Chewa. <em>'Elvis' Mask for Nyau Society</em>, ca. 1977. Wood, paint, fiber, cloth, 11 x 9 1/2 x 7 1/4 in. (27.9 x 24.1 x 18.4 cm). Brooklyn Museum, Gift of Mr. and Mrs. J. Gordon Douglas III, Frederick E. Ossorio, and Elliot Picket, by exchange and Designated Purchase Fund, 2010.41. Creative Commons-BY (Photo: Brooklyn Museum, 2010.41_PS6.jpg)

'Elvis' Mask for Nyau Society


Medium: Wood, paint, fiber, cloth

Geograhical Locations:

Dates:ca. 1977

Dimensions: 11 x 9 1/2 x 7 1/4 in. (27.9 x 24.1 x 18.4 cm)



Accession Number: 2010.41

Image: 2010.41_PS6.jpg,

Catalogue Description:
The object is a mask decorated to look like Elvis, carved from a single piece of wood with the eyes, mouth and nostrils pierced through; on the interior, tool marks are clearly visible. Synthetic hair has been attached around the open back of the head and defines the hair and sideburns as well as the eyes and eyebrows. A fairly thick layer of pink paint has been applied over the front of the mask and over the edges of the hair. The bottom edge and interior of the mask are not painted. Darker pink is present on selected areas of the cheeks, forehead and chin. The lips are painted red. Various textiles and burlap are attached around the edges with natural fiber twine through a series of holes in the wood and to each other with plastic-like thread. A strip of burlap is attached around the entire edge of the mask and a strip of knitted black material is applied over the burlap along the bottom edge. A beige textile with a light brown floral pattern is attached on top of the burlap and knitted fabric around the entire bottom edge and is stitched together in various places with the plastic thread. A strip of a red, blue and white checkered material is tied around the hair at the back of the head on the interior. Sections of the hair are also tied together with the plastic thread. Pieces of teal and purple yarn are also strung to the back of the head on the exterior. Patches of white material (paper?) with circular openings have been applied to inside behind eyes to create the whites of the eyes, which are visible from the front.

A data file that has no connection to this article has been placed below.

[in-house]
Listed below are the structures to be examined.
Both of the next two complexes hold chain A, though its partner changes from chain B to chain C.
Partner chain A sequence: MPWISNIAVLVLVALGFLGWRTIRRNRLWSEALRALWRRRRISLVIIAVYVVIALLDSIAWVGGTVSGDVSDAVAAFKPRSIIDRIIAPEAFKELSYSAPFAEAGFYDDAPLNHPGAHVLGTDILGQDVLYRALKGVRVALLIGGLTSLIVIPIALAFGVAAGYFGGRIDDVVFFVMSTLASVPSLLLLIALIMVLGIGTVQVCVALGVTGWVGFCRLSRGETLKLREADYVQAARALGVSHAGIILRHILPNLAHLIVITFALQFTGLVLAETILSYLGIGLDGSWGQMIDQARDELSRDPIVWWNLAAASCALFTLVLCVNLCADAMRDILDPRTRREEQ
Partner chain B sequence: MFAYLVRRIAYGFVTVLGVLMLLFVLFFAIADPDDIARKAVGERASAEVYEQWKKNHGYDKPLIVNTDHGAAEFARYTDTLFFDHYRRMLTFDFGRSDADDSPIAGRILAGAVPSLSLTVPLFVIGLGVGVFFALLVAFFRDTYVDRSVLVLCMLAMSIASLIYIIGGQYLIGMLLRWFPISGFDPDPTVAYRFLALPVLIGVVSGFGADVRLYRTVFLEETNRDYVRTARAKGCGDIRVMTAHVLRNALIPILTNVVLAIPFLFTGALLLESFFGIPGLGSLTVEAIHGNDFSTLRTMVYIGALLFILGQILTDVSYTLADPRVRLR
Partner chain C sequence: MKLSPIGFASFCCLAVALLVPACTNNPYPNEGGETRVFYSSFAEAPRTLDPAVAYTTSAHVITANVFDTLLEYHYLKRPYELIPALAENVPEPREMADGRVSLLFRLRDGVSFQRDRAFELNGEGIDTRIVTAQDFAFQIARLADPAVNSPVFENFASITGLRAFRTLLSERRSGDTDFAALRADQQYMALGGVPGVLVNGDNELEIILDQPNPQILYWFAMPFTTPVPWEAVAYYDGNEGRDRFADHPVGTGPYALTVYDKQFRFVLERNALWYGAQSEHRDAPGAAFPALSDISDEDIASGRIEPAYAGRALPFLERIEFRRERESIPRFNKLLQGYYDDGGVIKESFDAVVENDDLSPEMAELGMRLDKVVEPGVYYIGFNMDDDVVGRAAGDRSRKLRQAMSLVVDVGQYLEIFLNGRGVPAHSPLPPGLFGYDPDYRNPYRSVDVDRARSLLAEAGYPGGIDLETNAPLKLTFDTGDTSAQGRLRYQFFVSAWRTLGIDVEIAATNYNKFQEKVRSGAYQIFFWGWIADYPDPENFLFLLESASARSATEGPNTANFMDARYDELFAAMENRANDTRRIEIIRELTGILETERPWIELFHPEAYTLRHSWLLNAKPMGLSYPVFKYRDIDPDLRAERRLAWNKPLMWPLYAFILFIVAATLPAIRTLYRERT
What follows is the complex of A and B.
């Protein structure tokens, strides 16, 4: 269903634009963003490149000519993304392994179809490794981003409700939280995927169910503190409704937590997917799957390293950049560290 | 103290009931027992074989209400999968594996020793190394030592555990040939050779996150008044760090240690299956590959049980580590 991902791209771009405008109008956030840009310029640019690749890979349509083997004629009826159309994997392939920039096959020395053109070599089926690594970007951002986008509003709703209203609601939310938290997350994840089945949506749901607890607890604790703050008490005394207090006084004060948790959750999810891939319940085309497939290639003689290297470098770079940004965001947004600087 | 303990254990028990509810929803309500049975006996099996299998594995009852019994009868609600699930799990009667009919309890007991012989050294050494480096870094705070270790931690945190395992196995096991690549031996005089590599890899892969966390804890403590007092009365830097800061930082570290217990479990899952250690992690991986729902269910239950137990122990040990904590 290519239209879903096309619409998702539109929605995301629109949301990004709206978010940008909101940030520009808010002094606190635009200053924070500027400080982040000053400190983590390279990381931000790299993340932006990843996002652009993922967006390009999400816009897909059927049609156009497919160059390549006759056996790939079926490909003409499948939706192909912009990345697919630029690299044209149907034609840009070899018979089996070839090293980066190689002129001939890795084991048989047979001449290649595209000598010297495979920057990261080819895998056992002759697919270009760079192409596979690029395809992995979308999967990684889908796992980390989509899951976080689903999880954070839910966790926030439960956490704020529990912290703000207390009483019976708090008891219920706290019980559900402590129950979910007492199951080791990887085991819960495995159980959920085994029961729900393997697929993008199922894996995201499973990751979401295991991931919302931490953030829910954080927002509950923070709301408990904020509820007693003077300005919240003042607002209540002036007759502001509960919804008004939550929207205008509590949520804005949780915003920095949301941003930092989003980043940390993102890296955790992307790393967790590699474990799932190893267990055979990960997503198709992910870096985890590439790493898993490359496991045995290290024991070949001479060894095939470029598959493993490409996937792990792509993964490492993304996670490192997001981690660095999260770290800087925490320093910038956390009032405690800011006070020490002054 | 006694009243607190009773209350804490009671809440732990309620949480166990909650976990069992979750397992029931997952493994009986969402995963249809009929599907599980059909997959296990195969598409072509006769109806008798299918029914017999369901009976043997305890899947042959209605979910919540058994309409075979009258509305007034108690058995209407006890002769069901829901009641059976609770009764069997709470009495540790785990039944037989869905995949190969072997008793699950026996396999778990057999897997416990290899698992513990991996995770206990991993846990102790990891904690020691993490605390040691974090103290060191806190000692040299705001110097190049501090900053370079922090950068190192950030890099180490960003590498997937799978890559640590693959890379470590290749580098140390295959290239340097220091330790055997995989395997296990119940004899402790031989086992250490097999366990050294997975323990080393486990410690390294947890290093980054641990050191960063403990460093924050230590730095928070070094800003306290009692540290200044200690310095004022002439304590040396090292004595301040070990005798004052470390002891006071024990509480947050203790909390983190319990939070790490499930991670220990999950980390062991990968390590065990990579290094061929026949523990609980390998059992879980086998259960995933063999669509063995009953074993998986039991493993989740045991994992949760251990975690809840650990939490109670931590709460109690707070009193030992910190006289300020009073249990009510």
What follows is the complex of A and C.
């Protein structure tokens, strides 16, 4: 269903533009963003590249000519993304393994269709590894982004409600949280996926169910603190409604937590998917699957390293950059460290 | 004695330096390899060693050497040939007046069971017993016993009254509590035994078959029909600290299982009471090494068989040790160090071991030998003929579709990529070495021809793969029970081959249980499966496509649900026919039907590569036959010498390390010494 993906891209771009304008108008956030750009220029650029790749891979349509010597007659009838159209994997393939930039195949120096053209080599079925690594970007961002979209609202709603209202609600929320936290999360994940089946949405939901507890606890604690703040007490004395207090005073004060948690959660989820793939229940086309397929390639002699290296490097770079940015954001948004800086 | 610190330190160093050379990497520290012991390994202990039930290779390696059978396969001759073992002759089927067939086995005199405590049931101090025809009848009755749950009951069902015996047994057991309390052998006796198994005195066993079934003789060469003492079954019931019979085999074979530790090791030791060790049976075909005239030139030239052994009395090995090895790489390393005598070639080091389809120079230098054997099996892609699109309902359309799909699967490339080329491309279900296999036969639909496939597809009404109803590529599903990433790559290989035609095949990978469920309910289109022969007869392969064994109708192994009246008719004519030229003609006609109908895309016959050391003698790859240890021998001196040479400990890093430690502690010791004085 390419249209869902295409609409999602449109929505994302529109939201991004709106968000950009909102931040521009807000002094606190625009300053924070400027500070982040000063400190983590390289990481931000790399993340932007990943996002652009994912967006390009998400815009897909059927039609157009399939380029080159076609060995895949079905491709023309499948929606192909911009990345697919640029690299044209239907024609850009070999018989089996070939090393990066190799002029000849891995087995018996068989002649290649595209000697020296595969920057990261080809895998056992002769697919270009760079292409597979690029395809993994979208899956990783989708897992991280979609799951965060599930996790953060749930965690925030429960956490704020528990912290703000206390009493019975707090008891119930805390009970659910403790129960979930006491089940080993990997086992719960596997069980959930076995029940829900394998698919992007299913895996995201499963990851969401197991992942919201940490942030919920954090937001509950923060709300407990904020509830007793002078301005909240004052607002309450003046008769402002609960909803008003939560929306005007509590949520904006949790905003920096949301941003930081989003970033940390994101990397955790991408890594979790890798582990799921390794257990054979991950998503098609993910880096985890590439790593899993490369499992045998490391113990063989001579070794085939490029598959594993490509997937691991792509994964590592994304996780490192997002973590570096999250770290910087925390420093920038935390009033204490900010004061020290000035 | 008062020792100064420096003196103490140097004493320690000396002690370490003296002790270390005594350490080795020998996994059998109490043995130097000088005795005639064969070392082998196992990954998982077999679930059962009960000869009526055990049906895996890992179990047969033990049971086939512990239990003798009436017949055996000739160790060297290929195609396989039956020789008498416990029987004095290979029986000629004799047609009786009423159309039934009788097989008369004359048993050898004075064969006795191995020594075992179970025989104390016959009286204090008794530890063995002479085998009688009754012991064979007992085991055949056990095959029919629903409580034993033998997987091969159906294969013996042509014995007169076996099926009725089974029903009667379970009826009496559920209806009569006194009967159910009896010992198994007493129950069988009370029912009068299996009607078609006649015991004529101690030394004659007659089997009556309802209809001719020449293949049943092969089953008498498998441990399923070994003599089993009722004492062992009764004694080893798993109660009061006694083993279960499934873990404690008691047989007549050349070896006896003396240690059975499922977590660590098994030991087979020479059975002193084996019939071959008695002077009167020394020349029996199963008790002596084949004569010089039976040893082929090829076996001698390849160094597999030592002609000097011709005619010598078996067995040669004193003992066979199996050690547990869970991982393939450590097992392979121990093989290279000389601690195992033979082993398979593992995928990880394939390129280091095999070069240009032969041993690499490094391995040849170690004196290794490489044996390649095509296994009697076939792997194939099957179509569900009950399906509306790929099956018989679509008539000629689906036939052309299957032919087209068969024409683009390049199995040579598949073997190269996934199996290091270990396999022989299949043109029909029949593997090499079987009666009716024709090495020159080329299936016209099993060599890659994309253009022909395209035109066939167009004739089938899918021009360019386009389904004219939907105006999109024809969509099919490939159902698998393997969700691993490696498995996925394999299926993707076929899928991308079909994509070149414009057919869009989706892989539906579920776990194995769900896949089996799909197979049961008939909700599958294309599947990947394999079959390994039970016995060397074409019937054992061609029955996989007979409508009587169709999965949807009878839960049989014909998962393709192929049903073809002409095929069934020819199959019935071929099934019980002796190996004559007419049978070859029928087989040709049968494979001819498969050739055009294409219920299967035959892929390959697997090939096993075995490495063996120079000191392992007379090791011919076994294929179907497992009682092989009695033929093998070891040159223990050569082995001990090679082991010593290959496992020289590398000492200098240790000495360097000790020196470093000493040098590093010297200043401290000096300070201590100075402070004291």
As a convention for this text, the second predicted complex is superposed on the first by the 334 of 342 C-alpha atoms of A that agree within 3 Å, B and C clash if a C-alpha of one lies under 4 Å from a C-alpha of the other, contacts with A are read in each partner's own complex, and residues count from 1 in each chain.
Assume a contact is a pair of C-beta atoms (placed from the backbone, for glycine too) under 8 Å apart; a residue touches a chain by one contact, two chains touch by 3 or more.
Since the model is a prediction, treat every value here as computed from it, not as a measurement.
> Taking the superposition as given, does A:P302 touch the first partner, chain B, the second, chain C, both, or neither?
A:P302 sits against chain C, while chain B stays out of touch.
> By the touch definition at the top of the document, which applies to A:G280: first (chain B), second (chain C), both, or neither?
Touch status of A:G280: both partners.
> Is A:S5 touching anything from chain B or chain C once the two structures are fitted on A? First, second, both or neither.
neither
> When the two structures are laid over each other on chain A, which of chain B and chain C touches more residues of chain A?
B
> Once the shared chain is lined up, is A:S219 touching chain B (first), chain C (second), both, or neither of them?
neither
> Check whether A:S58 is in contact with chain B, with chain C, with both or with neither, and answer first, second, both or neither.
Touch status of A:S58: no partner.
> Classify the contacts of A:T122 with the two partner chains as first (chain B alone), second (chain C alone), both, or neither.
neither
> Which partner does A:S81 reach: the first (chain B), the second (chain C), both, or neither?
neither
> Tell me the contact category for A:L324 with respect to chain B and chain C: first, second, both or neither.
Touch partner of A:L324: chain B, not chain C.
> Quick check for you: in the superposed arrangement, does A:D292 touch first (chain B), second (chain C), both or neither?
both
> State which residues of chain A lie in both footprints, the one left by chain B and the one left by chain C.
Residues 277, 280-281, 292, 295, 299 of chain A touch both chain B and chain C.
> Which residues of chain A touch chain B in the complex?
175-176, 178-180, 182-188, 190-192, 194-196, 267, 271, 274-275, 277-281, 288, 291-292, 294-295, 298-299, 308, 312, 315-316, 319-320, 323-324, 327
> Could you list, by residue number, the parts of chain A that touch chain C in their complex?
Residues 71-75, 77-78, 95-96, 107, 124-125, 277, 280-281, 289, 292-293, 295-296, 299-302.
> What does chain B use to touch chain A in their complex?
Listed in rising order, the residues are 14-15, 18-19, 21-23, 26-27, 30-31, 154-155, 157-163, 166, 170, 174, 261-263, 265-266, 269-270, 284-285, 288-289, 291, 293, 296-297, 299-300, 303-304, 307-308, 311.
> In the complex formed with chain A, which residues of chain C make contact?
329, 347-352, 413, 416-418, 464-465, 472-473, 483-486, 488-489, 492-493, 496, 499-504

Brooklyn Museum